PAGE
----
Domestic Trafficking of Aboriginal Women & Girls Video Transcript

Excerpt from Enslaved and Exploited: The Story of Sex Trafficking in Canada, Hope for the Sold.

Anupriya Sethi (Published article 'Domestic trafficking of Aboriginal girls in Canada', Researcher): It’s kind of shocking because you see Canada as a developed country where you assume at least child abuse and exploitation is the last thing that would exist. And I didn’t just want to sit in a cubical and do some research and say, “This is what it is.” I really wanted to go out and talk to the people and ask them their stories.

Caption: Aboriginal girls are vulnerable to poverty, racism, substance abuse, violence, isolation, a need to feel a sense of belonging, a history of colonization

Ben Perrin: And when I was in Winnipeg, a radio announcer did a talk show about this. He said to me, “These are just hookers, right?" These are just hookers....

Caption: 75% of Aboriginal girls under 18 have experienced sexual abuse. Children as young as nine are sexually exploited in Saskatoon. The average of being forced into prostitution is 11 or 12.

Anupriya Sethi: There are these triangles in which girls are being moved: Saskatoon, Edmonton, Calgary and then back to Saskatoon. Or, if you’re in Edmonton, it will take you to Vancouver. You’re probably sleeping in a truck in Edmonton and you find yourself waking up in Vancouver. Why that happens, it's underlying that traffickers want to make sure that girls don’t form attachments and bonds in the city where they are. They don’t get to know people as much. But underlying is to make that there is power and control.

Caption: 500 Aboriginal girls have gone missing in the last two decades. Some have been found dead on the side of the highway, and some are believed to have been trafficked.

Grand Chief Ron Evans (Grand Chief of the Assembly of Manitoba Chiefs): I got to hear firsthand how the people are involved. And so it really moved me. I sat there. I was in tears listening to the stories. And I could not leave there as a leader occupying this role of Grand Chief. With this information, how can I leave there and not do anything about it?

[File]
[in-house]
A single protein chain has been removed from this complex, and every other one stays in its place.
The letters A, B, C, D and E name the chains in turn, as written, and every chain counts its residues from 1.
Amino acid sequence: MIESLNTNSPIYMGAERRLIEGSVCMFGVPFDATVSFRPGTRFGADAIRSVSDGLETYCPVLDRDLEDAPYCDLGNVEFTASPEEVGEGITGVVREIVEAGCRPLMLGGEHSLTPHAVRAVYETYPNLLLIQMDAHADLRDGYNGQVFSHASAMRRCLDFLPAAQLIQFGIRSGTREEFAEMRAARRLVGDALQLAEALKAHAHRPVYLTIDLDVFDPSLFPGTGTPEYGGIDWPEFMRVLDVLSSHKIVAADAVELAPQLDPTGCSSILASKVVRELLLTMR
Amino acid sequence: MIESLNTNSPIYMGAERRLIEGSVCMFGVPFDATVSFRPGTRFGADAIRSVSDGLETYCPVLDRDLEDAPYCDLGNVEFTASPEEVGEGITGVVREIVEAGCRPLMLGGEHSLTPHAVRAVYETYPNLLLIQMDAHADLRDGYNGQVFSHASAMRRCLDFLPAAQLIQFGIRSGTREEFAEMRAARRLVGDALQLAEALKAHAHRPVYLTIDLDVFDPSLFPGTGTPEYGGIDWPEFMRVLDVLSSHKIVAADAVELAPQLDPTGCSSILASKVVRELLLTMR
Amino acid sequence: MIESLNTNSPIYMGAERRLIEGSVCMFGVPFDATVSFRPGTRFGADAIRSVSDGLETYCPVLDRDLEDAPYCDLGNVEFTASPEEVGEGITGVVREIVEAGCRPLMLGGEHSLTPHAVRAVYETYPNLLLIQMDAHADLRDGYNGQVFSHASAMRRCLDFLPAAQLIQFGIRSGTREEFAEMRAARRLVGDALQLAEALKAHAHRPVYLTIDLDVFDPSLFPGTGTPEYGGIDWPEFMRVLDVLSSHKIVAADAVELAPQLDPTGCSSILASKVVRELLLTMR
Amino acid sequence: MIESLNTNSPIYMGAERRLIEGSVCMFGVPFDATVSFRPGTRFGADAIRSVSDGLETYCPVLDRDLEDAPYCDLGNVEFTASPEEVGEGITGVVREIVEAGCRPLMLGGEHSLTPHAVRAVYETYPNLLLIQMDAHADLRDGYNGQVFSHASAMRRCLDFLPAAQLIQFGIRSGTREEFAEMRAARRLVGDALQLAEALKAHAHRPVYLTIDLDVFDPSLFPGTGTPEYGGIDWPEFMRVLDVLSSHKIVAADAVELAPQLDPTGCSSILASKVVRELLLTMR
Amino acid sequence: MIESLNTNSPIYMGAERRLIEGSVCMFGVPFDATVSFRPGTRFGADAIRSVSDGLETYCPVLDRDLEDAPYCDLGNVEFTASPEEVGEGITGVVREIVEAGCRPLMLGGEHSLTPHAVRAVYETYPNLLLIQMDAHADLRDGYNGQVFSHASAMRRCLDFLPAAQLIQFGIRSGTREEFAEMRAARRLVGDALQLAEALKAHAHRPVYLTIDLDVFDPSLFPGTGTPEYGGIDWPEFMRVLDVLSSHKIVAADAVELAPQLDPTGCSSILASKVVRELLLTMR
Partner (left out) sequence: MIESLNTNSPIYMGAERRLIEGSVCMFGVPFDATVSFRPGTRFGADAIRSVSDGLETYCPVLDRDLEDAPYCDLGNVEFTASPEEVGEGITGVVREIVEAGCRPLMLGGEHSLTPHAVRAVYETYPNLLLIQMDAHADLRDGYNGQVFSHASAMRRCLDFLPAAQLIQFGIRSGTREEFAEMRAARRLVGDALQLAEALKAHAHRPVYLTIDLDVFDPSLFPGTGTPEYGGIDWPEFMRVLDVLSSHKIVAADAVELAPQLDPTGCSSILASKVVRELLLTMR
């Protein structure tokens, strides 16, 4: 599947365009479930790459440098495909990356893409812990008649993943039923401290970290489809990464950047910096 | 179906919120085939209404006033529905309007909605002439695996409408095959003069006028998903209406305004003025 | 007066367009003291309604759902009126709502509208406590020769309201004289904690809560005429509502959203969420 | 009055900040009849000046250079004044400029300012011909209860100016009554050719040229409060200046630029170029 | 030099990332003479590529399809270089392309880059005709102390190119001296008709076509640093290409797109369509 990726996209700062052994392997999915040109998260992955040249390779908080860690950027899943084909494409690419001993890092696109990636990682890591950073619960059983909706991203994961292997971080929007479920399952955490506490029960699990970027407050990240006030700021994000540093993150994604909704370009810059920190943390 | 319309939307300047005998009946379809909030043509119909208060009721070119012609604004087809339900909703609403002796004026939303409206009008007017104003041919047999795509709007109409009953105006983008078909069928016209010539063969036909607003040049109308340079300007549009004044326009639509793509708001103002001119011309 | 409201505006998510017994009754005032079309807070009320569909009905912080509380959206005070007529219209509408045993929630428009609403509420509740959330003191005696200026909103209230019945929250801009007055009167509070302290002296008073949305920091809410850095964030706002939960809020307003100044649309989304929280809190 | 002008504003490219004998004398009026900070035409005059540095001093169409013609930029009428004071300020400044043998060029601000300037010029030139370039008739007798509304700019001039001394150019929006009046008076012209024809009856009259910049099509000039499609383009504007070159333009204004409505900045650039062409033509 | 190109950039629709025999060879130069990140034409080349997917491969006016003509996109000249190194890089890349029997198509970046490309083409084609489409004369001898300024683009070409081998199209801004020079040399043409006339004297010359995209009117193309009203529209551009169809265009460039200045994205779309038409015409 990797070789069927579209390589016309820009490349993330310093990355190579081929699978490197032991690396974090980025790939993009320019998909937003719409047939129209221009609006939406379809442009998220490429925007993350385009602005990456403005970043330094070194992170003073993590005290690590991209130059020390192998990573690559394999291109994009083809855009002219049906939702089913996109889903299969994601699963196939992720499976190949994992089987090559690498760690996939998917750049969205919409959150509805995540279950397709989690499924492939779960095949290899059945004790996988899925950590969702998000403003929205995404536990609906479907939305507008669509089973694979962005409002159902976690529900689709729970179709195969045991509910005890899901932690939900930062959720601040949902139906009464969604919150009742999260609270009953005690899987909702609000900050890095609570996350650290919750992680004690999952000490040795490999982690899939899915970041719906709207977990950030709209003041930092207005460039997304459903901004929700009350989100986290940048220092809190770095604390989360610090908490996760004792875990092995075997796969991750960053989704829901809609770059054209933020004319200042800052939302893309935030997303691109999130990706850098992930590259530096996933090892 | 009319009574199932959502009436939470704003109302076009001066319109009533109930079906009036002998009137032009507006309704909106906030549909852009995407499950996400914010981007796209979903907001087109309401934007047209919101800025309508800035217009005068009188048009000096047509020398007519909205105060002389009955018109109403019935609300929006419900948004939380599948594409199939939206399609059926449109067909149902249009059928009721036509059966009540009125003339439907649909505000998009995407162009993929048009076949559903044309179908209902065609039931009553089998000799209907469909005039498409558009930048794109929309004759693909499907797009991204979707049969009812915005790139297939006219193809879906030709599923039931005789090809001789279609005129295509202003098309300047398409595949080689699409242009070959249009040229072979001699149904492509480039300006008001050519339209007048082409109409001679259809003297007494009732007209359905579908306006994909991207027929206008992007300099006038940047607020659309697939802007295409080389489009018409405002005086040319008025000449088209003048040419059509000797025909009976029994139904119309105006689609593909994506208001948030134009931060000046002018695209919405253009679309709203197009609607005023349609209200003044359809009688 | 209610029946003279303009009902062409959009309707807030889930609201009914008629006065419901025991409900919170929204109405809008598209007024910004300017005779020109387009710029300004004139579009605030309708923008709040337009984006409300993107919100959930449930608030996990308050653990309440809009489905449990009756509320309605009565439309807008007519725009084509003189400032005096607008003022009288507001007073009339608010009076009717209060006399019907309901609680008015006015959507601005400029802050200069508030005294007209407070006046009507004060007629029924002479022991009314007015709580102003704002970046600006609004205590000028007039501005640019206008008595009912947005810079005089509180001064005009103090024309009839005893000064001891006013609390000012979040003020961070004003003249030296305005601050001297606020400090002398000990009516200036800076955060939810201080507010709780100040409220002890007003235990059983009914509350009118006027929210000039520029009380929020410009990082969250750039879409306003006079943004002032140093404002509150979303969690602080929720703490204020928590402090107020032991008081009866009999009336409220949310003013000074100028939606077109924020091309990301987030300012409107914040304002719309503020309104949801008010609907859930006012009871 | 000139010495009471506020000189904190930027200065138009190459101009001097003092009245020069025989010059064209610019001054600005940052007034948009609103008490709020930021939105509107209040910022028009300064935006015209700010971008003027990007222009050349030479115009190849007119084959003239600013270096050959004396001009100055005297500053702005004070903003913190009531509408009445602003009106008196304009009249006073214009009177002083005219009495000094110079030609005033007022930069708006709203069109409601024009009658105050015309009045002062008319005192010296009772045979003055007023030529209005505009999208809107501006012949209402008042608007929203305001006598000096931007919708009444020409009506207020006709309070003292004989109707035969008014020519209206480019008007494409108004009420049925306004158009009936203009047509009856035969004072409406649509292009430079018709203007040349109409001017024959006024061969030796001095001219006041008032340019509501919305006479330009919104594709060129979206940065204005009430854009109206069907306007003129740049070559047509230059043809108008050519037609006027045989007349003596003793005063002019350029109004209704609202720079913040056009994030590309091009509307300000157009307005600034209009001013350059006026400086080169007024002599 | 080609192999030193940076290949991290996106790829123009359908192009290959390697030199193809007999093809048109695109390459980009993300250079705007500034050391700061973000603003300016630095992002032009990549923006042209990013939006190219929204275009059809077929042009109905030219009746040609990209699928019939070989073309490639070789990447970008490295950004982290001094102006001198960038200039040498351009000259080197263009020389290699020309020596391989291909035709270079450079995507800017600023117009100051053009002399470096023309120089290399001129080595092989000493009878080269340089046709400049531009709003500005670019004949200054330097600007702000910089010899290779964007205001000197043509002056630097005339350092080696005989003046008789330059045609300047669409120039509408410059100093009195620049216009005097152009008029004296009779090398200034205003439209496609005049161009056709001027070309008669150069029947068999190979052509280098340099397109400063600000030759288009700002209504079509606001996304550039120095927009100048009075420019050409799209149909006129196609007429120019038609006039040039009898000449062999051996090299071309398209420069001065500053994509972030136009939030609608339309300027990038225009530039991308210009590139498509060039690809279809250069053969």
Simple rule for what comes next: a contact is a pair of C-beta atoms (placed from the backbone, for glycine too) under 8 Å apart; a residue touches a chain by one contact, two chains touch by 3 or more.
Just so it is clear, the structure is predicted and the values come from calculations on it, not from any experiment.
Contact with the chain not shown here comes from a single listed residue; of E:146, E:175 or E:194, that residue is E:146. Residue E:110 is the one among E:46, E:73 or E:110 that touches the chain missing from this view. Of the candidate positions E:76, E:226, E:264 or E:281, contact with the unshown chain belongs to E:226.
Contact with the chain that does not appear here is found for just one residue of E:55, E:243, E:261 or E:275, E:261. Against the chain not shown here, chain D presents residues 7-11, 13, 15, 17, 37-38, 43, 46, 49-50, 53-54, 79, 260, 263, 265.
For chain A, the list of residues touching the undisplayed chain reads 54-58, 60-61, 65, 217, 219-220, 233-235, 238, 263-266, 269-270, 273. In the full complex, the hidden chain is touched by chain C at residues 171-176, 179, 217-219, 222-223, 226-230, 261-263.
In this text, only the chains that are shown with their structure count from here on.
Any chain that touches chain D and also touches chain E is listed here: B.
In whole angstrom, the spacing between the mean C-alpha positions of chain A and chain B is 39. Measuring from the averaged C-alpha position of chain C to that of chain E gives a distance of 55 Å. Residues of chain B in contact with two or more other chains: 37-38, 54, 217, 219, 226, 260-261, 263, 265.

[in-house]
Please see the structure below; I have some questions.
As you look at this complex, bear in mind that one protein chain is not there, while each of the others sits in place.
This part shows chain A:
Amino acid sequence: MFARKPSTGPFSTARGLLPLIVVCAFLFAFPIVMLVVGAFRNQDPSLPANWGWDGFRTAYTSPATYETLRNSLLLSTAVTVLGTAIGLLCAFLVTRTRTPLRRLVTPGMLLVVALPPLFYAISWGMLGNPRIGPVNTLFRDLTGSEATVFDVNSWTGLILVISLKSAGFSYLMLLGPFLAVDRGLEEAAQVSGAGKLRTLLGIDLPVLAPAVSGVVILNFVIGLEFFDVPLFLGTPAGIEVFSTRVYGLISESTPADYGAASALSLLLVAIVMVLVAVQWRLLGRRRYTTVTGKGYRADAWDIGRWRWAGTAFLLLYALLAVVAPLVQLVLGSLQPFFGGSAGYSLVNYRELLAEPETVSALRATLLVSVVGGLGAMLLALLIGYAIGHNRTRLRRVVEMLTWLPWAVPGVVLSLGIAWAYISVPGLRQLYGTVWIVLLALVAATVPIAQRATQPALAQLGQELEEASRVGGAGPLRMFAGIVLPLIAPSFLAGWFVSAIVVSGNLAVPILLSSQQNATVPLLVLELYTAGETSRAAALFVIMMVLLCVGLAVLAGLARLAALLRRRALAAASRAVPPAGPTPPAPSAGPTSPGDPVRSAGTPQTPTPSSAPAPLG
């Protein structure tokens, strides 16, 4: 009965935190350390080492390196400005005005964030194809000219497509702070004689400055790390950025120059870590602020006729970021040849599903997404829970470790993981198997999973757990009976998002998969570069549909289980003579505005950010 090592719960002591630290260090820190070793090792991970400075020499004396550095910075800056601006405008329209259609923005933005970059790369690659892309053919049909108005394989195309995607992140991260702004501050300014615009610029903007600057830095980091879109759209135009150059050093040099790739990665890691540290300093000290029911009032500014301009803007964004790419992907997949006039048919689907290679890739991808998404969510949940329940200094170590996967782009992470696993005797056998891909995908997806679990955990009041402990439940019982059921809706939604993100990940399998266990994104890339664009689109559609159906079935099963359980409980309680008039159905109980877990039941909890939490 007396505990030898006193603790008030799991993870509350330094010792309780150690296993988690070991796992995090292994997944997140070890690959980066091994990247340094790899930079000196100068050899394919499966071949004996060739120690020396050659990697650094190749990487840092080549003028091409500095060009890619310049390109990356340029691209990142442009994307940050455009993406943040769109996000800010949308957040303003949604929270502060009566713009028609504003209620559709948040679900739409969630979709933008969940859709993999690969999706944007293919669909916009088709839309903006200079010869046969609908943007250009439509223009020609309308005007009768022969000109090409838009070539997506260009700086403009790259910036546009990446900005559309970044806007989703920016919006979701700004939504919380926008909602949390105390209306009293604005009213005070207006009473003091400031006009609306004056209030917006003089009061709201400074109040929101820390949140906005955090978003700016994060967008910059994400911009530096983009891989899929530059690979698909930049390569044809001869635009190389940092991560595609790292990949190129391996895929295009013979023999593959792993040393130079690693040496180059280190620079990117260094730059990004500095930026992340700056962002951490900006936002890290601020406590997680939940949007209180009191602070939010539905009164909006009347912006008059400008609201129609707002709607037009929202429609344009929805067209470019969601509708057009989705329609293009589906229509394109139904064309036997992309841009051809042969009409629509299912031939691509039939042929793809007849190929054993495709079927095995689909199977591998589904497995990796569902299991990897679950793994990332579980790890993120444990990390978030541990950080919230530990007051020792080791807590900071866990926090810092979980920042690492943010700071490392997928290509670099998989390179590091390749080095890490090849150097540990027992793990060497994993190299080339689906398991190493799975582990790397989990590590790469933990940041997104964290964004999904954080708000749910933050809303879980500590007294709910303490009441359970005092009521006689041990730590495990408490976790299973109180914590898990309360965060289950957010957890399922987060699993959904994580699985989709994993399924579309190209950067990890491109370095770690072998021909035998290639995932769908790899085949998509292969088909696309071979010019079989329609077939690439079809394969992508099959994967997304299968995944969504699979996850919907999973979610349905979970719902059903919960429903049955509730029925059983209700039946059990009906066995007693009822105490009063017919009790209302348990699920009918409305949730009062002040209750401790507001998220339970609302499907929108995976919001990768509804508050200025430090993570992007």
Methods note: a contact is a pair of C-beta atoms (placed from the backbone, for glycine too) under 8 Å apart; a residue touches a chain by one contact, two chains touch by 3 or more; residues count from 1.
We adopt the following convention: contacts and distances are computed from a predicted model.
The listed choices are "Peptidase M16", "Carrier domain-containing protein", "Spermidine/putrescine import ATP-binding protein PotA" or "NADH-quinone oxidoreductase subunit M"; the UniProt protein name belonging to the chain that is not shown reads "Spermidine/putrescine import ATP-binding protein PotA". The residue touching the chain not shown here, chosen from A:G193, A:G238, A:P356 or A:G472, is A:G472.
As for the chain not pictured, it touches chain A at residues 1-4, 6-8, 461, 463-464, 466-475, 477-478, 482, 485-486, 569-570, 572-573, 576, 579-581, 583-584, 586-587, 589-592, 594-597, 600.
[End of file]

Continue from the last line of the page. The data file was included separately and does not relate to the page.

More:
Ben Perrin: You know Grand Chief Ron Evans and other people in Manitoba are trying to raise attention to this issue. It was only through days and days of national and local media attention that the Government of Manitoba finally in the summer for 2009 announced a task force to investigate missing and murdered Aboriginal girls.

Caption: In Vancouver, 60% of sexually exploited youth are Aboriginal.

Sue Todd (runs “The Great Room”): One of the things that we know particularly being here in the Downtown Eastside is the prevalence of domestic trafficking, and particularly of First Nations women. Over half of the women that are living in the Downtown Eastside are First Nations, and when you start to understand their stories, you realize that many of them, from a very early age, have been victim to some dynamic of trafficking and exploitation.

Caption: Aboriginal girls are lured at airports, bars, schools, and the internet. Some disappear after hitch hiking from reserves. Traffickers often pose as boyfriends.

Anupriya Sethi: It’s very hard when your trafficker is your boyfriend or that you’re desperately holding on, the last thing you're holding onto is some sense of belonging the person gives you, no matter how much abuse or exploitation that comes with it.

Caption: Sue tells the story of a girl born on a reserve in northern B.C.

Sue Todd: There were a lot of issues in her family: issues of addiction, mental health issues, family breakdown. By the time she was six years old, she was already drinking.

Caption: An older brother of a friend took her under his wing, providing for her needs and building a relationship with her.

Sue Todd: When she was about 11 years old, she talks about the day that he came to her and said, “I’ve spent a lot of time with you, I’ve bought you a lot of things, I’ve spent a lot of money on you. You need to pay me back.”

Caption: He began taking her to parties and selling her for sex to his friends.

Sue Todd: And she remembers at the age of 11, going to the first party where she was gang raped by five or six of his friends. And that began a number of years of her being in debt to him.

Caption: By the time she was 12 years old she was addicted to hard drugs and found herself on the streets of Vancouver being sexually exploited. With the help of the Great Room, she is now on a journey towards healing.